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As someone who has BTDT, it is completely ok to toss a ped out the door and find a new doctor. My previous ped, who was very good in many regards and who I liked immensely as a person did not have expertise in neurodevelopment issues. That's ok. I just wasted too many dang years being blown off before I finally got to someone who could help us. I think the point being made above from others is that you've got enough red flags that it's time to move forward in getting help for your kid.

 

Can you find a developmental pediatrician? That might solve two problems for you---finding a qualified ped in neurodevelopment stuff as well as someone who is going to be well connected into the PT/OT world.

I don't need a referral for a developmental ped? My sister has one and didn't need a referral for her autistic son. However, she did need a referral for her daughter who has less several LDs. I assumed I would need one as well? If not, I will begin looking.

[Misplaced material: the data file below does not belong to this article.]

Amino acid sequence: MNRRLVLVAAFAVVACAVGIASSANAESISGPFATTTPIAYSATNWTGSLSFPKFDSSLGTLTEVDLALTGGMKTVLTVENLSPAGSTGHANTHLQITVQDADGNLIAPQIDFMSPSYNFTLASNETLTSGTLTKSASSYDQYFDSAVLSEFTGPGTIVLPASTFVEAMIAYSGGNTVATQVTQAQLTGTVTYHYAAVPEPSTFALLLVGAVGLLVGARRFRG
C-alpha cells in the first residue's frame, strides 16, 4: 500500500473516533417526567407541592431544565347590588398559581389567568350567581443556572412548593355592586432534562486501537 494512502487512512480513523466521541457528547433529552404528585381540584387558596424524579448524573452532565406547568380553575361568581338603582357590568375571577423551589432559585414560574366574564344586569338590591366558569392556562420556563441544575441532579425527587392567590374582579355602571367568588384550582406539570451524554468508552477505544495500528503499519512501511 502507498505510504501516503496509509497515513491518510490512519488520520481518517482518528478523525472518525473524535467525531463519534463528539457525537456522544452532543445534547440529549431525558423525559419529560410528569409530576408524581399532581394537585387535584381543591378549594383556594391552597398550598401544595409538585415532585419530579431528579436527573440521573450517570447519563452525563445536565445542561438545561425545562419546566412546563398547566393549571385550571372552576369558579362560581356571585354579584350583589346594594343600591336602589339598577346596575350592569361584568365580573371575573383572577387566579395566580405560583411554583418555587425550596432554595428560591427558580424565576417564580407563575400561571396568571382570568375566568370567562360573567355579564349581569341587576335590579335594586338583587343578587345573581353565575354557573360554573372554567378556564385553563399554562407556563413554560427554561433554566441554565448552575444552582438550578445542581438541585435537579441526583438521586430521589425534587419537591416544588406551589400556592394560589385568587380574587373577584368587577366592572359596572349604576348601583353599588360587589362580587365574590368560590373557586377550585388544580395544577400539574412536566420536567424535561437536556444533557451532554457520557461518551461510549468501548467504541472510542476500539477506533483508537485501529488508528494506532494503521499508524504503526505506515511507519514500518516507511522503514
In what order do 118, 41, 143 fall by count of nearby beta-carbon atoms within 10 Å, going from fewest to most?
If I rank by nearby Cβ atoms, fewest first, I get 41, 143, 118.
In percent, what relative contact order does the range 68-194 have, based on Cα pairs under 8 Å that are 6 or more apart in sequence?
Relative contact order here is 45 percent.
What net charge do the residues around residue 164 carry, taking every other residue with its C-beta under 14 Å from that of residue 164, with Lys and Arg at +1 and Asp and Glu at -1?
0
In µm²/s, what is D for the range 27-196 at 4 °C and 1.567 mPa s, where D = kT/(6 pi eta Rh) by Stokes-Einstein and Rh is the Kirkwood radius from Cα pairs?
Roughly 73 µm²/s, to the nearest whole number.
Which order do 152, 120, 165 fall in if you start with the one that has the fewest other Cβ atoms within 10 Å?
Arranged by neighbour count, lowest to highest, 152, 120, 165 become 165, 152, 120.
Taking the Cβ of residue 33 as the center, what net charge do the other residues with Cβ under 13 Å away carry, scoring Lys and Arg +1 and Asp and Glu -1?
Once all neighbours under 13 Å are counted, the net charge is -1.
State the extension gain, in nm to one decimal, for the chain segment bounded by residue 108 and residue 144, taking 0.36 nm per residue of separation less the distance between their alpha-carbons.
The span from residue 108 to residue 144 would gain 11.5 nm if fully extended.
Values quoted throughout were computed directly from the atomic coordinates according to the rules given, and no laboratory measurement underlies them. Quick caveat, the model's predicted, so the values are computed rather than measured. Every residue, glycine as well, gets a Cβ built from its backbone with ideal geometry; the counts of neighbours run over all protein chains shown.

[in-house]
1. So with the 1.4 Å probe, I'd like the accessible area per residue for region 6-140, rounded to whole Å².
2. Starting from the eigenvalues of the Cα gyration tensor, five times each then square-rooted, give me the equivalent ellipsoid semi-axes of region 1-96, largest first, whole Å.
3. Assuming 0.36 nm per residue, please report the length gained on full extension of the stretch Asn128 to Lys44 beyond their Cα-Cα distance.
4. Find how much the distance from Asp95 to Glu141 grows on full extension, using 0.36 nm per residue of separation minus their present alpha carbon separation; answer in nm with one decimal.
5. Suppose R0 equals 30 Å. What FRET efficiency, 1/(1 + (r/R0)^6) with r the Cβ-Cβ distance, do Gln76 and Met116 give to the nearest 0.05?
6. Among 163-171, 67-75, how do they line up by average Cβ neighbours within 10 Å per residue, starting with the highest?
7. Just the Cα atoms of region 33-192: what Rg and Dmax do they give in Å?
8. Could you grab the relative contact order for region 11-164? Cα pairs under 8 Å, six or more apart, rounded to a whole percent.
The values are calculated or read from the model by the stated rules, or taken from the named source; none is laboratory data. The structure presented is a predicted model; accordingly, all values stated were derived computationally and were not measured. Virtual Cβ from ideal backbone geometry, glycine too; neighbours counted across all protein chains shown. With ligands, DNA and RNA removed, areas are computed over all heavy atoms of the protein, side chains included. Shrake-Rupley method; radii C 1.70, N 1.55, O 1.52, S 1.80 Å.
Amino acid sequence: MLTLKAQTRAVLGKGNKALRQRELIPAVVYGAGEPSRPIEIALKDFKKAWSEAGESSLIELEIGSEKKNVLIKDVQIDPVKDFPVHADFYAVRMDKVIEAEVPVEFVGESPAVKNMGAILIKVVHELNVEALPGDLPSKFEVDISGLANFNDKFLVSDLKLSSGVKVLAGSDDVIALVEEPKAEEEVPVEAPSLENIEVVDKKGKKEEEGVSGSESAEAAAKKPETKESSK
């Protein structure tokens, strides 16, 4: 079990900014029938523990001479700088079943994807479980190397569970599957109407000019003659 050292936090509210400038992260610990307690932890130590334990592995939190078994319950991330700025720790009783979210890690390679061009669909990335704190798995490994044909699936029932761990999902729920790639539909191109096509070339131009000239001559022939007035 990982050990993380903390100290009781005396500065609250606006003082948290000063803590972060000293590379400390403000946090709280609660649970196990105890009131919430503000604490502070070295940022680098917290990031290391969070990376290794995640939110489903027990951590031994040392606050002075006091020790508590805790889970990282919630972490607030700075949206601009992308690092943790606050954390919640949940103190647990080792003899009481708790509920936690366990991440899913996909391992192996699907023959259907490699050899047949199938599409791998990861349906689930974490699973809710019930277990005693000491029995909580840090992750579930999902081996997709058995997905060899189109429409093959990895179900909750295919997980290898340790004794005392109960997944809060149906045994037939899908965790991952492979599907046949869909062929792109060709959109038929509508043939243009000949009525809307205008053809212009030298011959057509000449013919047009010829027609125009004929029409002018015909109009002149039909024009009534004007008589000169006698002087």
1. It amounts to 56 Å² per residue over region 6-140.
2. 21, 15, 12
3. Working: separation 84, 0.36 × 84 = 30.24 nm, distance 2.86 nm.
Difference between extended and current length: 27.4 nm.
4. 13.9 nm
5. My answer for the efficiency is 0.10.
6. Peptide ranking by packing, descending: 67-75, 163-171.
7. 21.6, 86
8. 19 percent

I honestly am hesitant to toss out Pedi. Living in the city, it isn't exactly easy to find a pedi and get into one. There are pedi wait lists and they can take a long time. So I could look and get on a list, but it could take a while to switch.

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I haven't read all the responses yet.  But with my seven-year-old, we went up a size in underoos.  She was just about ready for size six and I got her size eight.  That didn't work with my youngest.  We tried several styles and sizes...and she hasn't worn underoos for the last year and a half.